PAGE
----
Over the past year I’ve been observing the wonderful people that are Brazilians, and these are my conclusions:
- Brazilians compulsively share. If they get a beer, they’ll get you a glass, if they’re eating some food they’ll ask if you want some.
- They’re always amazed that you, a European, decided to live in Brazil. I’ve lost count of the amount of people who’ve gone ‘but, why?’
- They also think that corruption, a bad economy, and even traffic, are uniquely Brazilian problems.
- You, the foreigner, are not allowed to criticise Brazil. Especially not their coffee (as I found out after doing just that), insulting their beer is just about acceptable, but their food, culture, and other things they complain about, you may not.
- They really don’t understand why bikins in Europe are so large, covering your bum and boobs at the beach is unacceptable behaviour here. I was once asked ‘didn’t I want people to see my bum?’, well not really. I eventually acquired a Brazilian bikini, which just means that I have two tan lines, my new Brazilian one, and my previous European line.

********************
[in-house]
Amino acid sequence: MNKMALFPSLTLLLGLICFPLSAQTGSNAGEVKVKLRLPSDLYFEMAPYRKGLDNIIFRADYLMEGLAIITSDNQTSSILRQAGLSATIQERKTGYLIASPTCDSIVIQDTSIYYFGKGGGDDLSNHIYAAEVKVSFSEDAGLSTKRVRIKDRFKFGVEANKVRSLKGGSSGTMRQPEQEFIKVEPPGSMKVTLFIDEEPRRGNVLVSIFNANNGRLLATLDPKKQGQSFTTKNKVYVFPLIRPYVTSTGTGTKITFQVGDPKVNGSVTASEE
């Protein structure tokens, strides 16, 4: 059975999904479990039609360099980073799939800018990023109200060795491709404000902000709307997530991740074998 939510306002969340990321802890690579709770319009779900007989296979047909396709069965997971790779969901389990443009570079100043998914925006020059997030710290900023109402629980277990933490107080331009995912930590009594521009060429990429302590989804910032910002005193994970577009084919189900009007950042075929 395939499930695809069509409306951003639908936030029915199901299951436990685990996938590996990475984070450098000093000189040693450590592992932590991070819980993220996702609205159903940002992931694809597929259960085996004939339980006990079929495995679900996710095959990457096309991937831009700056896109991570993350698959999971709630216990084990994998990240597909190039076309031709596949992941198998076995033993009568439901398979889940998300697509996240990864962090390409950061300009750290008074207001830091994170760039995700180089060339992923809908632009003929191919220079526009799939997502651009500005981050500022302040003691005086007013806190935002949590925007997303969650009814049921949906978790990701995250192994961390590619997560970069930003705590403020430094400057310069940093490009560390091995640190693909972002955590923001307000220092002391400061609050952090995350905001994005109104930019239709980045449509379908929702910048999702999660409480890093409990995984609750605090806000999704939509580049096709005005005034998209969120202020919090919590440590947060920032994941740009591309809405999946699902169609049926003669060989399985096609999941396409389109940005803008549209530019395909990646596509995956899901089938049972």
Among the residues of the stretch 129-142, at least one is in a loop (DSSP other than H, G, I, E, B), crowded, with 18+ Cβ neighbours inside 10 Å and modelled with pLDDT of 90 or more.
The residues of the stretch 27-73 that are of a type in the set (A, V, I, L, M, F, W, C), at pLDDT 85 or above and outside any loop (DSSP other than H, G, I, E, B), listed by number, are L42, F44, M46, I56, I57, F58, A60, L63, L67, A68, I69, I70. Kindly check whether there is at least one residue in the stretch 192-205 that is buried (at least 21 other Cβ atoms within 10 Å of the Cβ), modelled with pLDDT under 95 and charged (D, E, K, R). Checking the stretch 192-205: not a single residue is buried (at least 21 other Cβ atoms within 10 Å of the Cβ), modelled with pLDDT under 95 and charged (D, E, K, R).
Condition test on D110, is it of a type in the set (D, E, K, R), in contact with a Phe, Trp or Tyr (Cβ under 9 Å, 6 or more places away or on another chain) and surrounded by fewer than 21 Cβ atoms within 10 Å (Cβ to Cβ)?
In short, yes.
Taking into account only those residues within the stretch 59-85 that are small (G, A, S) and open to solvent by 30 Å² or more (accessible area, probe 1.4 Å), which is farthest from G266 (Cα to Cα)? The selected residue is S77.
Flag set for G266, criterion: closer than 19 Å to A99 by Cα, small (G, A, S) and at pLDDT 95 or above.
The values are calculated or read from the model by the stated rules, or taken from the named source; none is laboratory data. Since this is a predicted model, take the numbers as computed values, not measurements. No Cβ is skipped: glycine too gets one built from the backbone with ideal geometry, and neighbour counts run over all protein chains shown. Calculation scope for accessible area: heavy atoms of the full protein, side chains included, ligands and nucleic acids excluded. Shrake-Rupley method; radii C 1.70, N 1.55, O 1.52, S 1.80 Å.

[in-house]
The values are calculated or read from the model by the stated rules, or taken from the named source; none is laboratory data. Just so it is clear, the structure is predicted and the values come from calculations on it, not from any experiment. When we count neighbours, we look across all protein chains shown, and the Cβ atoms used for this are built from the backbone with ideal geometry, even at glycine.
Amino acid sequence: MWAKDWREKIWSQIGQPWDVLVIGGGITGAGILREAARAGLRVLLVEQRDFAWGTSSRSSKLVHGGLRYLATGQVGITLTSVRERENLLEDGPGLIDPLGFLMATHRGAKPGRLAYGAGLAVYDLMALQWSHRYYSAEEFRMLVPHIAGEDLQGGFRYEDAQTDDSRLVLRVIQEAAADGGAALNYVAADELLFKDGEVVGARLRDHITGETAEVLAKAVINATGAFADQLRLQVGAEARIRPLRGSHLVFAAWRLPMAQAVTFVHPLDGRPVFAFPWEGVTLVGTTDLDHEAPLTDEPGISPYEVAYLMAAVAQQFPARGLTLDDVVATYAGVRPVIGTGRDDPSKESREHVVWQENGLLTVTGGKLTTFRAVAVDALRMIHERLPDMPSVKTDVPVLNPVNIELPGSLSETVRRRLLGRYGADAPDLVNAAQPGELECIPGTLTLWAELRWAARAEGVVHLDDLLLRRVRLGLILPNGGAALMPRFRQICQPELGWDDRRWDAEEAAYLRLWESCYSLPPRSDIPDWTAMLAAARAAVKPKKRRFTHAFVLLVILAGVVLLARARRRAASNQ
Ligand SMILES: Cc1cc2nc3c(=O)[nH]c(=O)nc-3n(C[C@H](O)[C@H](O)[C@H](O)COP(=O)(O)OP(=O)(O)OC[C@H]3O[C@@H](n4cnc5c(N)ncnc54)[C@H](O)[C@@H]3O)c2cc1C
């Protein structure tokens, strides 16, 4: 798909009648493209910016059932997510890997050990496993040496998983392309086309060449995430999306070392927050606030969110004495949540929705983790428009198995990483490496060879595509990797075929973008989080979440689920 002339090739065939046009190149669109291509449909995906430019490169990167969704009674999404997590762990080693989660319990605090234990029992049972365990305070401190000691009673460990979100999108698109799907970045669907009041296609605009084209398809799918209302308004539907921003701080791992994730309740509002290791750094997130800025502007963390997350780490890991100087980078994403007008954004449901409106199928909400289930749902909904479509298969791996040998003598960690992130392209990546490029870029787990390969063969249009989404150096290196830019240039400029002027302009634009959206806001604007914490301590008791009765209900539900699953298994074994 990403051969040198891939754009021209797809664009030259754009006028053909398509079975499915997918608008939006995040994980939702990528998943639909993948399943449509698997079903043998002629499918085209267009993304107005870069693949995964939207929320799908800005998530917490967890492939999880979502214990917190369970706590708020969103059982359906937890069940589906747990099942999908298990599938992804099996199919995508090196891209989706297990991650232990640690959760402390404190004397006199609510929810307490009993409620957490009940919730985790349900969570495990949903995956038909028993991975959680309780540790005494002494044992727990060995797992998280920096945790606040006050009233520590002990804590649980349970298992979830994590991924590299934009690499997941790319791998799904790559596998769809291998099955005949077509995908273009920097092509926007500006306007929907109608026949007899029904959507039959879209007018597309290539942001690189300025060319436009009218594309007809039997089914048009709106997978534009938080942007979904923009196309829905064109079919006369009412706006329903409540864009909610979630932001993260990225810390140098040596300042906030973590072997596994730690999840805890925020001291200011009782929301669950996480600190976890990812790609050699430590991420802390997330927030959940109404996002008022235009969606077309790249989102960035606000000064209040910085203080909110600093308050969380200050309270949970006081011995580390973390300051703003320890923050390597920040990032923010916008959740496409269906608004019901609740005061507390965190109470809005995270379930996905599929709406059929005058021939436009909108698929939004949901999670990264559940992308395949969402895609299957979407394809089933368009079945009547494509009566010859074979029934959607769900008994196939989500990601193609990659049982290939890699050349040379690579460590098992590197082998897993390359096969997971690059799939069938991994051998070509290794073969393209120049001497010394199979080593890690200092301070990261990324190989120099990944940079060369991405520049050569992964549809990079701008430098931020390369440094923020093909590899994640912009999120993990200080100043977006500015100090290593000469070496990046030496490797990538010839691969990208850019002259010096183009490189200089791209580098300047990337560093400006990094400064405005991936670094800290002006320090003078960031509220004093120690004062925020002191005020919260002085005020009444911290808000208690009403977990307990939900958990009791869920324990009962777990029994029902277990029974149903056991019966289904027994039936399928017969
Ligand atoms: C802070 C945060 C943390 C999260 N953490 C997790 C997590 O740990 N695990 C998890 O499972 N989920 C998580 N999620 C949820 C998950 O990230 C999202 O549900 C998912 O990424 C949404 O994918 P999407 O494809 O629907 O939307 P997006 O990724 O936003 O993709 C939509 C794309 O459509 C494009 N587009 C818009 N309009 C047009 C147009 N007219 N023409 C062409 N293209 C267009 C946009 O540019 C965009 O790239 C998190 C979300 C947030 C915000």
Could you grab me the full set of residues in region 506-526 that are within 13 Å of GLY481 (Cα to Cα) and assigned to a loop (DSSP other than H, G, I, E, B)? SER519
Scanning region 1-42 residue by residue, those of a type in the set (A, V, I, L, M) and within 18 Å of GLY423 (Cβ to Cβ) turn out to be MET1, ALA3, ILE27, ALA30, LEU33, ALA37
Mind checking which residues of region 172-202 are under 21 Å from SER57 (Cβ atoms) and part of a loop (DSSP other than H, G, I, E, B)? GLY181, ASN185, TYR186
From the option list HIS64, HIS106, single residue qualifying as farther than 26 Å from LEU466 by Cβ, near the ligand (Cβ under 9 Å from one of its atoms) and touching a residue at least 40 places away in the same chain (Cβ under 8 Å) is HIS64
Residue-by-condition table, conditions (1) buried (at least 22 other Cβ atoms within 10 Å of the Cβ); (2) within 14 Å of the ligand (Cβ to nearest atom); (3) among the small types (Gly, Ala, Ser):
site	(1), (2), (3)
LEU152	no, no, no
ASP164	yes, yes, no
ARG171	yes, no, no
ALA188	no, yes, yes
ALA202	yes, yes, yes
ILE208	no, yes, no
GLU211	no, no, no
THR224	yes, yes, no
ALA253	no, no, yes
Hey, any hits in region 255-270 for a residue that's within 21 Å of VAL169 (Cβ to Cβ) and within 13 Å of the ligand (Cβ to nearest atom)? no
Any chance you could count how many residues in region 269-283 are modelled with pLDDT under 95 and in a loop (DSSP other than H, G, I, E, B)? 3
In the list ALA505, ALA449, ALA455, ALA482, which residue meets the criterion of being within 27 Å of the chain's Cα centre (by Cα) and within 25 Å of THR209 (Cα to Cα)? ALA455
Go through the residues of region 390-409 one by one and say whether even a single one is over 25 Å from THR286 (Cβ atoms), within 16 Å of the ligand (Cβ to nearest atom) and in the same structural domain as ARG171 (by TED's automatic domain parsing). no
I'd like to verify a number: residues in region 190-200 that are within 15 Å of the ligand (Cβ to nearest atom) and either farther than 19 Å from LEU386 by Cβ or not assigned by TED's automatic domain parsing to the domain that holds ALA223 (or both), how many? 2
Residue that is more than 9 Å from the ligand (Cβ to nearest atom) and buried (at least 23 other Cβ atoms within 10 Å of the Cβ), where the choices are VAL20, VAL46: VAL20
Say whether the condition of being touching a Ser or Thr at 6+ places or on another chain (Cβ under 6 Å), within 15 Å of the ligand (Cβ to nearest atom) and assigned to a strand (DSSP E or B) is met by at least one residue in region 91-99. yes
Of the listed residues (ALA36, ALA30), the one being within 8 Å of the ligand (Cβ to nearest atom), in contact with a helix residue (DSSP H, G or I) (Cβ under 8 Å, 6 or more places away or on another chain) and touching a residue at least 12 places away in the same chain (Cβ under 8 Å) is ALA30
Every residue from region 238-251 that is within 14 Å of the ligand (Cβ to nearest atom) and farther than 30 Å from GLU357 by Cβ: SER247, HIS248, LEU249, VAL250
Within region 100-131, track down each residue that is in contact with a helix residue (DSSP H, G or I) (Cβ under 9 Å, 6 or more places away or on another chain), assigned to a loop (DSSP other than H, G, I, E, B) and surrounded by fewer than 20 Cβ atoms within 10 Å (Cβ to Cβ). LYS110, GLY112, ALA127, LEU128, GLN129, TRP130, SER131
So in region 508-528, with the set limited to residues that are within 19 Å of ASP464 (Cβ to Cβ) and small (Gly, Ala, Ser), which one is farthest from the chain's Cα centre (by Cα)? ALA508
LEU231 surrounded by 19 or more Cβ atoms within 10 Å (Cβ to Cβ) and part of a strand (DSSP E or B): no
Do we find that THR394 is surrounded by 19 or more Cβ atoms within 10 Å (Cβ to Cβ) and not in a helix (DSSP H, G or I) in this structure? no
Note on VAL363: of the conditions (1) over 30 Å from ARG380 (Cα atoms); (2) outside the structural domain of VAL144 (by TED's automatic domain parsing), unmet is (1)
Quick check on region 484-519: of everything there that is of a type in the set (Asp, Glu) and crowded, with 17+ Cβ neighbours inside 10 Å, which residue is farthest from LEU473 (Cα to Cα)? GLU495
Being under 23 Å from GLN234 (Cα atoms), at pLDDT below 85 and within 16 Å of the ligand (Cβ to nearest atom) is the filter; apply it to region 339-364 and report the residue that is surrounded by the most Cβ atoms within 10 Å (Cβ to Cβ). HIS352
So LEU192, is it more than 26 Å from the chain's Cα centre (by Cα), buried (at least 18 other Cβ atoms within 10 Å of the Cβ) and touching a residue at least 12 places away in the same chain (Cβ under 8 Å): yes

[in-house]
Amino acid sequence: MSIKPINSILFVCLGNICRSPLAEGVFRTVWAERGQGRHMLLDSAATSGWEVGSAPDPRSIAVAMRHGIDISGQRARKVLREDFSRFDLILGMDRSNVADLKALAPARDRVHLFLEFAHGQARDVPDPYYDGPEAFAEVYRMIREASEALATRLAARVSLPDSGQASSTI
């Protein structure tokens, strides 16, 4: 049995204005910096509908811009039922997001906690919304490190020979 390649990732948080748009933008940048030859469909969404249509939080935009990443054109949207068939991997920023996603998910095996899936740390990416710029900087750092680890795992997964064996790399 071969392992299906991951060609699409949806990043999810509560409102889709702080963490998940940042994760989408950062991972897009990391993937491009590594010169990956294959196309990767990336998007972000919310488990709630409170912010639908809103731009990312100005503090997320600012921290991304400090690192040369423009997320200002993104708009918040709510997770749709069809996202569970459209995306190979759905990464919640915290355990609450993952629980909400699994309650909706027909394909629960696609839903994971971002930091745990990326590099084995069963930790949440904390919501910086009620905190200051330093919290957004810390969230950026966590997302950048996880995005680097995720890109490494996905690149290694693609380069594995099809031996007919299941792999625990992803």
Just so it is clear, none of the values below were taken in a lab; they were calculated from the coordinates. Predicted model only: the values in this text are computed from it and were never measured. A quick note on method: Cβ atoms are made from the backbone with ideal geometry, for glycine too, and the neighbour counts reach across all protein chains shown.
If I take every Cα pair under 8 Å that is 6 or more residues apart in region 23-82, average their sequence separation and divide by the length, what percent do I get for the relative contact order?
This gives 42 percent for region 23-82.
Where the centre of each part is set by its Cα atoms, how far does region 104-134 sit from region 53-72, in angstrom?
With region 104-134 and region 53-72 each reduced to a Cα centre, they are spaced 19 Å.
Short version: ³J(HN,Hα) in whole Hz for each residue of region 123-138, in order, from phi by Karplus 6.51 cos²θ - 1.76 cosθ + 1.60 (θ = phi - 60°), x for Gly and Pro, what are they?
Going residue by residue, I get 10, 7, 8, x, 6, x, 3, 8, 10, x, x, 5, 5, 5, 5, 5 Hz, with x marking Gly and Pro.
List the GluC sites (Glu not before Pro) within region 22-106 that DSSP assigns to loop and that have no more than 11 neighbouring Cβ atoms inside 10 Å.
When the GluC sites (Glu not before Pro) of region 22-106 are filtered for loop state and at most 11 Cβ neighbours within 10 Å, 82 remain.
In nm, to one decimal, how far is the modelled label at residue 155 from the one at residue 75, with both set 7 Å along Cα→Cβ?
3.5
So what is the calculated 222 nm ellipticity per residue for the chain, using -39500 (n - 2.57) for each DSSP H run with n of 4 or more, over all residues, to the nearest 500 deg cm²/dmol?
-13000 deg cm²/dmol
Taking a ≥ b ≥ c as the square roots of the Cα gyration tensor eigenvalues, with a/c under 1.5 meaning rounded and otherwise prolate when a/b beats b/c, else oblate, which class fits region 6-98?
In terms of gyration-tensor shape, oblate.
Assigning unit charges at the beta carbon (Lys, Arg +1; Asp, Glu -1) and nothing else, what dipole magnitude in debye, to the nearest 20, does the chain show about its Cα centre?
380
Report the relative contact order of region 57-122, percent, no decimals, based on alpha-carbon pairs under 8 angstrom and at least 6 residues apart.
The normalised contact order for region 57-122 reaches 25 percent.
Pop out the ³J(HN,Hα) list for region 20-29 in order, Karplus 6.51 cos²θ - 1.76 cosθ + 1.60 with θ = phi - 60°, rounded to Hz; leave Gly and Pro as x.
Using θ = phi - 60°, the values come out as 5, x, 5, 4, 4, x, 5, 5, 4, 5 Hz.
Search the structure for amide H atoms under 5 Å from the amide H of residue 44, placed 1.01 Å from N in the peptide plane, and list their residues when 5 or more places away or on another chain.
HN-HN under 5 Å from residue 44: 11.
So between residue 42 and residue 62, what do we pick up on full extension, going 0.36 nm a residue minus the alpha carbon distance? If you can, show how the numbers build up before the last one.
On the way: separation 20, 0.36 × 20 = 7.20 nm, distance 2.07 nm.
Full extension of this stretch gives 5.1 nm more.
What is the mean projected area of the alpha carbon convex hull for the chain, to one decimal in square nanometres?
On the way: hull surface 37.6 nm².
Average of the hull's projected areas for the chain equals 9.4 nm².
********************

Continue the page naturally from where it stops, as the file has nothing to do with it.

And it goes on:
- Brazilians say things exactly as they are. In the UK, we do anything to avoid that. Here they look at me and go ‘well, you’re very small’, or ‘you’re very white’. Once I was chatting to a shop owner, and I mentioned that I was from Europe, and she looked straight at me and said ‘yes, you look rich’.
- Following on from this, it also applies to the way (some) men hit on you here. Especially hostel owners, I’ve found, three of whom have hit on me the instant I walked through the door. Another had the most traumatising chat up line ever, we were chatting about Christmas, and he was saying it was normal to go to church on Christmas Day, and that young people tended to eye people up during mass and then have sex behind the church after, (traumatising, and apparently completly untrue), and then he looked at me and said ‘I can show you the back of the church here’. I was genuinely speechless.
- Brazilians have the unfortunate habit of wearing t-shirts with things written on English that I don’t think they understand, often it’s stuff about drugs, but once I noticed a guy and his top said ‘I only travel at night’, and it was the afternoon. There are better examples, but none spring to mind.
That’s my observations after a year of living in Brazil. Let me know if you agree or not.
A post on my travels to Peru and Colombia is on its way soon too!